Three different cases for carrier frequency offset

What is Carrier Frequency Offset (CFO) and How It Distorts the Rx Symbols

In Physics, frequency in units of Hz is defined as the number of cycles per unit time. Angular frequency is the rate of change of phase of a sinusoidal waveform with units of radians/second. \begin{equation*} 2\pi f = \frac{\Delta \theta}{\Delta t} \end{equation*} where $\Delta\theta$ and $\Delta t$ are the changes in phase and time, respectively. A Carrier Frequency Offset (CFO) usually arises due to two reasons. The video below also explains this concept. [Frequency mismatch between the Tx and Rx oscillators] No two devices are the same and there is always some difference between the manufacturer’s nominal specification and the

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Known training sequence (a preamble) is prepended, or training can also be inserted periodically within the message

Basics of Synchronization

In every digital communication system, the Tx has the easier role of signal generation while the Rx has the tougher job of figuring out the intended message. Just like solving a puzzle told by someone. Estimating and compensating for the frequency, phase and timing offsets between Tx and Rx oscillators is one such challenge. The solution can be designed depending on many factors such as some part of data is known (called a ‘training sequence’) or not, the synchronizer needs to be one-shot or continuously updating, and so on. Known Data Availability Depending on the availability of known data, synchronization

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Eye diagrams for I arm of a 4-QAM signal for 15, 30 and 45 degrees phase offsets and a Raised Cosine filter with excess bandwidth 0.5. A similar eye diagram exists for Q arm as well

What is Carrier Phase Offset and How It Affects the Symbol Detection

In case of Quadrature Amplitude Modulation (QAM) and other passband modulation schemes, Rx has no information about carrier phase of the Tx oscillator. Let us explore what impact this has on the demodulation process. Constellation Rotation To see the effect of the carrier phase offset, consider that a transmitted passband signal consists of two PAM waveforms in $I$ and $Q$ arms denoted by $v_I(t)$ and $v_Q(t)$ respectively and combined as \begin{equation}\label{eqRealWorldQAMPhaseOffset} s(t) = v_I(t) \sqrt{2} \cos 2\pi F_C t – v_Q(t) \sqrt{2}\sin 2\pi F_C t \end{equation} Here, $F_C$ is the carrier frequency and $v_I(t)$ and $v_Q(t)$ are the continuous versions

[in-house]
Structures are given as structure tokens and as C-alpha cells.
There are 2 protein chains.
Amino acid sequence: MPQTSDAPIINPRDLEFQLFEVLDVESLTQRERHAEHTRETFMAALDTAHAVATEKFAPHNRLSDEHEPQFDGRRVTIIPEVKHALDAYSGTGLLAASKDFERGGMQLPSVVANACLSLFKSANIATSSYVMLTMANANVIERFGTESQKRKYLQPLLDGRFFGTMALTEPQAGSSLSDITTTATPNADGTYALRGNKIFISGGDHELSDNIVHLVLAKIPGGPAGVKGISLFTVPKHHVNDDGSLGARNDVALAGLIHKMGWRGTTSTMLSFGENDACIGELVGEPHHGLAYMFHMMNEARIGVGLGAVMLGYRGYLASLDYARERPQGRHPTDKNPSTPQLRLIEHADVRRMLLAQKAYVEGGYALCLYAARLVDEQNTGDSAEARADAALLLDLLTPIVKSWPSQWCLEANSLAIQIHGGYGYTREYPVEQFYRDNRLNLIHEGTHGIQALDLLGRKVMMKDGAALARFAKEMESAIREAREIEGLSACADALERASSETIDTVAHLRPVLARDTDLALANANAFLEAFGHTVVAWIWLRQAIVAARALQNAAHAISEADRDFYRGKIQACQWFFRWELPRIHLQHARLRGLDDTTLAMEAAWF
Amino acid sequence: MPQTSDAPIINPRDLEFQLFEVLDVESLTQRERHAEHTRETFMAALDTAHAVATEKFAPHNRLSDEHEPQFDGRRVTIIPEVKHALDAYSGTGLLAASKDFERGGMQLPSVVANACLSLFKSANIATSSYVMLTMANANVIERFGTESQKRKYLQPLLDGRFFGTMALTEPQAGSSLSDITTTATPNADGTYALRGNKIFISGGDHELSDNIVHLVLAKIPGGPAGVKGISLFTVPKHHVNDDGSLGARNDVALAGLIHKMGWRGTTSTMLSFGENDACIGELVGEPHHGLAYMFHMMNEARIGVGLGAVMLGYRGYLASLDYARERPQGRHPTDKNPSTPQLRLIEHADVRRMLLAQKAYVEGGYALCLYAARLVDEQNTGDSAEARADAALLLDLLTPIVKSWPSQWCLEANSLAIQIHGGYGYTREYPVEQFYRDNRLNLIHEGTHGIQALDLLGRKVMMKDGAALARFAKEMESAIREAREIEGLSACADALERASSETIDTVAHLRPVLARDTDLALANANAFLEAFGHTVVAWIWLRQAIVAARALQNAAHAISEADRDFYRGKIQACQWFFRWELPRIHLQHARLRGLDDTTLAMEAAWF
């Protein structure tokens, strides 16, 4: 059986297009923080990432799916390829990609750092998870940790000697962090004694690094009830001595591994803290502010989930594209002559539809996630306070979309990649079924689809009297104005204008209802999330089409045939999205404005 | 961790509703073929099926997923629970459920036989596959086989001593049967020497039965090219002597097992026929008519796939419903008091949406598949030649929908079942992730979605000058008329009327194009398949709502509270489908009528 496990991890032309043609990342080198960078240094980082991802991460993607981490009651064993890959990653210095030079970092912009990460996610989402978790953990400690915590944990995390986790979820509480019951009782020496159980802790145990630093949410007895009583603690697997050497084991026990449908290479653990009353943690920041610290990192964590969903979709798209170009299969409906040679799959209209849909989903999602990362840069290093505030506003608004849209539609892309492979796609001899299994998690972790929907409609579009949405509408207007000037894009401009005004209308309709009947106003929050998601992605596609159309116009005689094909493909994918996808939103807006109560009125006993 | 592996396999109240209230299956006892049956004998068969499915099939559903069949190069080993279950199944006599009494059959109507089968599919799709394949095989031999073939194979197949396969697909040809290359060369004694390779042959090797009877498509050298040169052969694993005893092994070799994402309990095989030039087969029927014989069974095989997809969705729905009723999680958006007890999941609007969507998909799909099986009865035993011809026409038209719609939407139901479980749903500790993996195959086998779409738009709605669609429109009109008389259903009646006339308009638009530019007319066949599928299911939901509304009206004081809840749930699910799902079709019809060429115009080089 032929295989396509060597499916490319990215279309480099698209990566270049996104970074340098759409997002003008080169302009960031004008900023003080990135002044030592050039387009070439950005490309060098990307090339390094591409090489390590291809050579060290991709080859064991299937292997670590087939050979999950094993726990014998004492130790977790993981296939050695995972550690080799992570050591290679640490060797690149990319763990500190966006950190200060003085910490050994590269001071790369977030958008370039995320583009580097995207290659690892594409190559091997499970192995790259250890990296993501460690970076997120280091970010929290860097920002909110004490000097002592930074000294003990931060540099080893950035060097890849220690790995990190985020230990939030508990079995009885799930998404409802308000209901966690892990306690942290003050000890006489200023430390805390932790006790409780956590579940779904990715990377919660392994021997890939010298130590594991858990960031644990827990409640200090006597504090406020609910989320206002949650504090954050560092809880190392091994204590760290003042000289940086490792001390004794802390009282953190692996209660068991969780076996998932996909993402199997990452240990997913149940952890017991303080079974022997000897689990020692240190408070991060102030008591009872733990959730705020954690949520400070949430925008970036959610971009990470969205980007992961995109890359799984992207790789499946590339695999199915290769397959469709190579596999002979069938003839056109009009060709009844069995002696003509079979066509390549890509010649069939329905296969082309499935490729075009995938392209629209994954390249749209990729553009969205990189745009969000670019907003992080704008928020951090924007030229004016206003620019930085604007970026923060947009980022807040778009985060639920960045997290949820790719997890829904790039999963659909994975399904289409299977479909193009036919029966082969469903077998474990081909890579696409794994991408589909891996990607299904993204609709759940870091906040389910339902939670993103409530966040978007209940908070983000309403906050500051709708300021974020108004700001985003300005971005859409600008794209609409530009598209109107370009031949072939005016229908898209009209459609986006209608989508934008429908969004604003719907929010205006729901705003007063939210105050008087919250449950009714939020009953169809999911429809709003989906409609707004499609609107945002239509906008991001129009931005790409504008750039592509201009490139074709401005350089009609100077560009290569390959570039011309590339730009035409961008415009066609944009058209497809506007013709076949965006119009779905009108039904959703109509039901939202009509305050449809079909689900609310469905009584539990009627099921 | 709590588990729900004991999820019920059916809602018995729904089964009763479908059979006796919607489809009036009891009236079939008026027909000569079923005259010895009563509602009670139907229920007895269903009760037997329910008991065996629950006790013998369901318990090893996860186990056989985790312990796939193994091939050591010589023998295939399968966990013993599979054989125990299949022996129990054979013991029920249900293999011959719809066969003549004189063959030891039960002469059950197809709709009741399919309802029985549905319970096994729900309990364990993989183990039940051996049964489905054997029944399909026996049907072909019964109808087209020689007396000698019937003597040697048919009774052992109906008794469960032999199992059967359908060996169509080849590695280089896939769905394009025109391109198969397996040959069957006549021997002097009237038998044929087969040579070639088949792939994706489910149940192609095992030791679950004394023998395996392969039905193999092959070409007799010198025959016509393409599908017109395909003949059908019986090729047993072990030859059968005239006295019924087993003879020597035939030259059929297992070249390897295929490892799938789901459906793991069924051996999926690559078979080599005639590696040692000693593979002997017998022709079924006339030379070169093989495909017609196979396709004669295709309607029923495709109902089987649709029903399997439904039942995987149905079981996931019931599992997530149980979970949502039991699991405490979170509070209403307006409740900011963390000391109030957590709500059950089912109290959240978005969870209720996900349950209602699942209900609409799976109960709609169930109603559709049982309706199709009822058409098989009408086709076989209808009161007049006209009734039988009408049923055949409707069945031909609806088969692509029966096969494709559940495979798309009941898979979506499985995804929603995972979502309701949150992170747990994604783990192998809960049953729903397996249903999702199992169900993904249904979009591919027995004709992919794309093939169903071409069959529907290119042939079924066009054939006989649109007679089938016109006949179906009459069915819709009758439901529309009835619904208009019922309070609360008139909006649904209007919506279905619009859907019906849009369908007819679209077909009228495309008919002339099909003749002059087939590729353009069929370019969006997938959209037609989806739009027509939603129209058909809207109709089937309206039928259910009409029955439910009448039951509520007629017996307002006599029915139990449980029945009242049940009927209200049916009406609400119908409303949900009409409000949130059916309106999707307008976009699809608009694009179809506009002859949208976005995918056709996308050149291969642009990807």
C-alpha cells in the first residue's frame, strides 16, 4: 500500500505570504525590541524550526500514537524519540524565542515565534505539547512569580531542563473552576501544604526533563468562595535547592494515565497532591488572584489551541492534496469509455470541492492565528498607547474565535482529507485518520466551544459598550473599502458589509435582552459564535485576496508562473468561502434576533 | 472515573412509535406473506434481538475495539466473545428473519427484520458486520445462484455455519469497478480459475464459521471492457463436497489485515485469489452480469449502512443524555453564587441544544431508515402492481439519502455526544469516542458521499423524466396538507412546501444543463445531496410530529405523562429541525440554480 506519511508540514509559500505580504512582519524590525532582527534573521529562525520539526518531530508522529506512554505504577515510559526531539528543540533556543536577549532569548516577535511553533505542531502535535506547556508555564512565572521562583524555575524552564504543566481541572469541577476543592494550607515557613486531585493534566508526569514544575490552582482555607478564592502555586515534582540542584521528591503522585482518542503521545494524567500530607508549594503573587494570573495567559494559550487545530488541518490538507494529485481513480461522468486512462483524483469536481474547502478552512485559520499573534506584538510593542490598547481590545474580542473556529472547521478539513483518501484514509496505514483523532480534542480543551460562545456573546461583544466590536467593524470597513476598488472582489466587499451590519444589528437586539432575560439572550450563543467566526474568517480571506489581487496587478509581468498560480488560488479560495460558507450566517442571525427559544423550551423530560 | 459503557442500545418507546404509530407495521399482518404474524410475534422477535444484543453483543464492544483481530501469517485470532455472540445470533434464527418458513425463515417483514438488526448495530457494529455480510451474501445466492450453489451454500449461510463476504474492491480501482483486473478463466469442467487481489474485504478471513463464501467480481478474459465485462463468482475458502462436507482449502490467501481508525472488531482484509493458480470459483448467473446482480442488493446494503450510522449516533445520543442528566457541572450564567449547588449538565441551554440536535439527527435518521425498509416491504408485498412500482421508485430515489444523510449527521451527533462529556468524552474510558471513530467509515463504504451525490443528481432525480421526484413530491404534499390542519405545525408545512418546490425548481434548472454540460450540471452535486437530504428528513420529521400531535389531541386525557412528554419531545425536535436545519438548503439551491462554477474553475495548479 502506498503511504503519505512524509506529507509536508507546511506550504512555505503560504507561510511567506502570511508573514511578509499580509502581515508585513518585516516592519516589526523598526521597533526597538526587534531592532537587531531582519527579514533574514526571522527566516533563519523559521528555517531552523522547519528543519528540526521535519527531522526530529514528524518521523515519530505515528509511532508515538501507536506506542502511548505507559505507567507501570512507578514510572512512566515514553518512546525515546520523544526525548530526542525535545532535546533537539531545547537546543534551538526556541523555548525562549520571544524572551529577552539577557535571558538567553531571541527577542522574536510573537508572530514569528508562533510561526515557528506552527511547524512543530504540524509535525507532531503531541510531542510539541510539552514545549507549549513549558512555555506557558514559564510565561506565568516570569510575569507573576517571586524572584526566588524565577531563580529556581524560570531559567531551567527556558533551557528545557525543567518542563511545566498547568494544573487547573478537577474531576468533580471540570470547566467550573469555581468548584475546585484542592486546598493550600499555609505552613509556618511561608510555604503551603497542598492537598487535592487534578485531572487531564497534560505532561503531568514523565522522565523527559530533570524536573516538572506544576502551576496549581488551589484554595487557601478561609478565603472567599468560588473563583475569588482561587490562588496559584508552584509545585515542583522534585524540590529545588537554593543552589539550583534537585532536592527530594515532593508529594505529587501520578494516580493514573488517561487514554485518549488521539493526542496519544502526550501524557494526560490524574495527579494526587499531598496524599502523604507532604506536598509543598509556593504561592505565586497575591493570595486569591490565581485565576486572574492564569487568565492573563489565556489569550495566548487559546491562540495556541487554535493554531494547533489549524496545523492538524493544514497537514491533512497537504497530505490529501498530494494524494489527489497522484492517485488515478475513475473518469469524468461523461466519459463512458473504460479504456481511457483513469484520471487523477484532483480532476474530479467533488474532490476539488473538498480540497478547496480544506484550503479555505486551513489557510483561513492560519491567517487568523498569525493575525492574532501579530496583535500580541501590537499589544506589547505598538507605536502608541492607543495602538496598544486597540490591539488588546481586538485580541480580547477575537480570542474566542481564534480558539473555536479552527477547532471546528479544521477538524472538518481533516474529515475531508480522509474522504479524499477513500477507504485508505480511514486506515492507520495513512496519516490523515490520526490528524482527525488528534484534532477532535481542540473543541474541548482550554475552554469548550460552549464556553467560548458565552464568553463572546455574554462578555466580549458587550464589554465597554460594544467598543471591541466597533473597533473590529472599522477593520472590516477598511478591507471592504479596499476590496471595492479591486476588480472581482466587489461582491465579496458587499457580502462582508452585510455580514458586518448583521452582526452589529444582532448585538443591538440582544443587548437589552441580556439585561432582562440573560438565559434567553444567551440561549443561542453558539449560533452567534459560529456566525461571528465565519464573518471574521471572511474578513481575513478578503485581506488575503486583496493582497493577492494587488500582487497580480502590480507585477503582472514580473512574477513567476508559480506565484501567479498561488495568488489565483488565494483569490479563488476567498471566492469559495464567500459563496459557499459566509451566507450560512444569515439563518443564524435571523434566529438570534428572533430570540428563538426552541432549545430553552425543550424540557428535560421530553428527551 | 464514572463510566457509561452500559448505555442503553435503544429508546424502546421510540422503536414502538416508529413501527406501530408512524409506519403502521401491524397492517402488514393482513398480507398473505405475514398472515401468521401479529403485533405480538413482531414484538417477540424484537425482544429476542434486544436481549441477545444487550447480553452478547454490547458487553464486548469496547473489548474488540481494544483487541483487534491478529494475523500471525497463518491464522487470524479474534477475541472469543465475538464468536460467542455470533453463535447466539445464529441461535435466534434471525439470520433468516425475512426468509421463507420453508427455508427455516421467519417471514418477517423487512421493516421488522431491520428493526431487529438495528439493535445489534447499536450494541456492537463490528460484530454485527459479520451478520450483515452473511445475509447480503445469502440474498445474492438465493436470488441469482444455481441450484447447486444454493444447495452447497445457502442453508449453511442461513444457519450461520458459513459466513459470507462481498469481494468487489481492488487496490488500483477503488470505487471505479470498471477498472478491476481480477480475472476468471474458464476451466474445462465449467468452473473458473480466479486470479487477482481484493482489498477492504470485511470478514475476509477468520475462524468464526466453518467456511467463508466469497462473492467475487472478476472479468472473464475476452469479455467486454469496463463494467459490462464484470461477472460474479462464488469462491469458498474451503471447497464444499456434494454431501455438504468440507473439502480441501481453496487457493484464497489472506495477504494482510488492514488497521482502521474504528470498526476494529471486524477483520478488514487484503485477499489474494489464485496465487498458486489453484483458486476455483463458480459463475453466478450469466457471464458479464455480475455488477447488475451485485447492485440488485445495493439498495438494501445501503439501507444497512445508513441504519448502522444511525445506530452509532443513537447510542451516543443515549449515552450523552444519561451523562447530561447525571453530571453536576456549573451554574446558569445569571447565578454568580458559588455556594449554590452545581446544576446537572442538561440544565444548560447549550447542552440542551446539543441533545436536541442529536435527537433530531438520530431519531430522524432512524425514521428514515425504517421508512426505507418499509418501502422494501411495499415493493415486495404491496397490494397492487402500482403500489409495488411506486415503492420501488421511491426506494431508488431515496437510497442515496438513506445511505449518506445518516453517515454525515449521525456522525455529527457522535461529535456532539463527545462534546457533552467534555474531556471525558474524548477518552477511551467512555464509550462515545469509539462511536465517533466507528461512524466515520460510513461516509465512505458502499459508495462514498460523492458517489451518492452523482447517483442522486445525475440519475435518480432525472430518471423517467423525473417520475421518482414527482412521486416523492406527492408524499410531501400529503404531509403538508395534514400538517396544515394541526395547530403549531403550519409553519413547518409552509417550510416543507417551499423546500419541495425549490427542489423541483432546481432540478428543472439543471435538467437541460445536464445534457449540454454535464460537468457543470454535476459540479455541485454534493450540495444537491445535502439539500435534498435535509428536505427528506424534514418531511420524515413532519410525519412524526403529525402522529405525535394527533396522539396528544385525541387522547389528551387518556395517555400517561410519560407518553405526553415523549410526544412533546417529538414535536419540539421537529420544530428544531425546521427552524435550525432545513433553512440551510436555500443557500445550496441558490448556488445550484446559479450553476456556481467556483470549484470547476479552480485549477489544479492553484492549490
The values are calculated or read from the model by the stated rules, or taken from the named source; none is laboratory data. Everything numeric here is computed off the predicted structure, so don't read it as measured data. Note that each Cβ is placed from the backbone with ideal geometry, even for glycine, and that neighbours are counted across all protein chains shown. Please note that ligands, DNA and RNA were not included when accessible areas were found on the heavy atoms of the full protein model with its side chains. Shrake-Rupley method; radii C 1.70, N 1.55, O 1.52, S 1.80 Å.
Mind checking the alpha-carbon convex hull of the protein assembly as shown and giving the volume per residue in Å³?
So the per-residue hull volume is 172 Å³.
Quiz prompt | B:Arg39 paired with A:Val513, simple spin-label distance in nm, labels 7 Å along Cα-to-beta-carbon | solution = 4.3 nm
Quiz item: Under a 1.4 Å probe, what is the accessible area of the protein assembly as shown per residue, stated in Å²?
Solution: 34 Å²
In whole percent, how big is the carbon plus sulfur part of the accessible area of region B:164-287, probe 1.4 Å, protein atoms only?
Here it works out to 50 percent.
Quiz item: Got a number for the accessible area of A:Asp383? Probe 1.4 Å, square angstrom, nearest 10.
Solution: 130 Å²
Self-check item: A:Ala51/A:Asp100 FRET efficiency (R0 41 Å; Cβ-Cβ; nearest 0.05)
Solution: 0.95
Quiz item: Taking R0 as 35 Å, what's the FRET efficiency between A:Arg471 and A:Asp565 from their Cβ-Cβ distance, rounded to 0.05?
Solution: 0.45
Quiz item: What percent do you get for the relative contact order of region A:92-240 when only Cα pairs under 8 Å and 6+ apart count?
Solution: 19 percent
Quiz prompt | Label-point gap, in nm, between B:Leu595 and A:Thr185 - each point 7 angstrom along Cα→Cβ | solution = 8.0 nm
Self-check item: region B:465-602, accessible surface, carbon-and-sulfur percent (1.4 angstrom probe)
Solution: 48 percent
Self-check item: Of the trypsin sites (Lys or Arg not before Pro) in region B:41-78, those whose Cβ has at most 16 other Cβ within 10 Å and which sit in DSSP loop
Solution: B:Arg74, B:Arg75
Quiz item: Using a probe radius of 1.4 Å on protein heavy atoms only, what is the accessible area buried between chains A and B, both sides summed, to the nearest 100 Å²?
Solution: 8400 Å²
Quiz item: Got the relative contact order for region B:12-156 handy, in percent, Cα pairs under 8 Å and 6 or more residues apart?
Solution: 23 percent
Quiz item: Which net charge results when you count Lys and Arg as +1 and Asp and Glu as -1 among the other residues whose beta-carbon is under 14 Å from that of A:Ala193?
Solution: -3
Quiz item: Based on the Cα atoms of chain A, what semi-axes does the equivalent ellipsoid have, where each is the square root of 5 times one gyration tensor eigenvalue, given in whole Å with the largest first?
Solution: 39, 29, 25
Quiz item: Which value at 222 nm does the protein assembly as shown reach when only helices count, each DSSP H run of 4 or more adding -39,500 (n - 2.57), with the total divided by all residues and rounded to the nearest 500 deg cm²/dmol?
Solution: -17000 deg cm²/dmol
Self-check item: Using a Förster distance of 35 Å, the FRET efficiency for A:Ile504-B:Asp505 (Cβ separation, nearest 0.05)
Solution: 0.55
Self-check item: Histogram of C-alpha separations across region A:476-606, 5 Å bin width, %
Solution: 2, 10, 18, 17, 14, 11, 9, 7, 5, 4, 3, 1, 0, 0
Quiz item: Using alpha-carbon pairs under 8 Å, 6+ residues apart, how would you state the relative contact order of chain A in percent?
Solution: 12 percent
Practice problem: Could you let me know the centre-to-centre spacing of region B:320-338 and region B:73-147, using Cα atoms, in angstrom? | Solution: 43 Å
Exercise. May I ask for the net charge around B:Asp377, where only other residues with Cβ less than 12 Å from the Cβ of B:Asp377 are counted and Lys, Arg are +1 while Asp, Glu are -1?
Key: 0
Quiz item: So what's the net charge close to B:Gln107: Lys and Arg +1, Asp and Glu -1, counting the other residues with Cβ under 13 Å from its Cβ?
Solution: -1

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A matched filter in continuous frequency domain along with the corresponding frequency matched filter for excess bandwidth 0.25

Band Edge Filters for Carrier and Timing Synchronization

Band edge filters for carrier frequency and symbol timing synchronization is a very interesting topic that elegantly relates the tool (DSP) to the application (SDR design). This article is a short summary of where they originate from and what role they play for synchronization purpose. A Carrier Frequency Offset (CFO) arises due to a mismatch between Tx and Rx local oscillators as well as a phenomenon known as Doppler effect. In some other articles on this website, you will also find information on the Phase Locked Loop (PLL) in the context of carrier phase and timing synchronization. There is another

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Computing noise power within a specified bandwidth

Additive White Gaussian Noise (AWGN)

The performance of a digital communication system is quantified by the probability of bit detection errors in the presence of thermal noise. In the context of wireless communications, the main source of thermal noise is addition of random signals arising from the vibration of atoms in the receiver electronics. You can also watch the video below. The term additive white Gaussian noise (AWGN) originates due to the following reasons: [Additive] The noise is additive, i.e., the received signal is equal to the transmitted signal plus noise. This gives the most widely used equality in communication systems. \begin{equation}\label{eqIntroductionAWGNadditive} r(t) = s(t)

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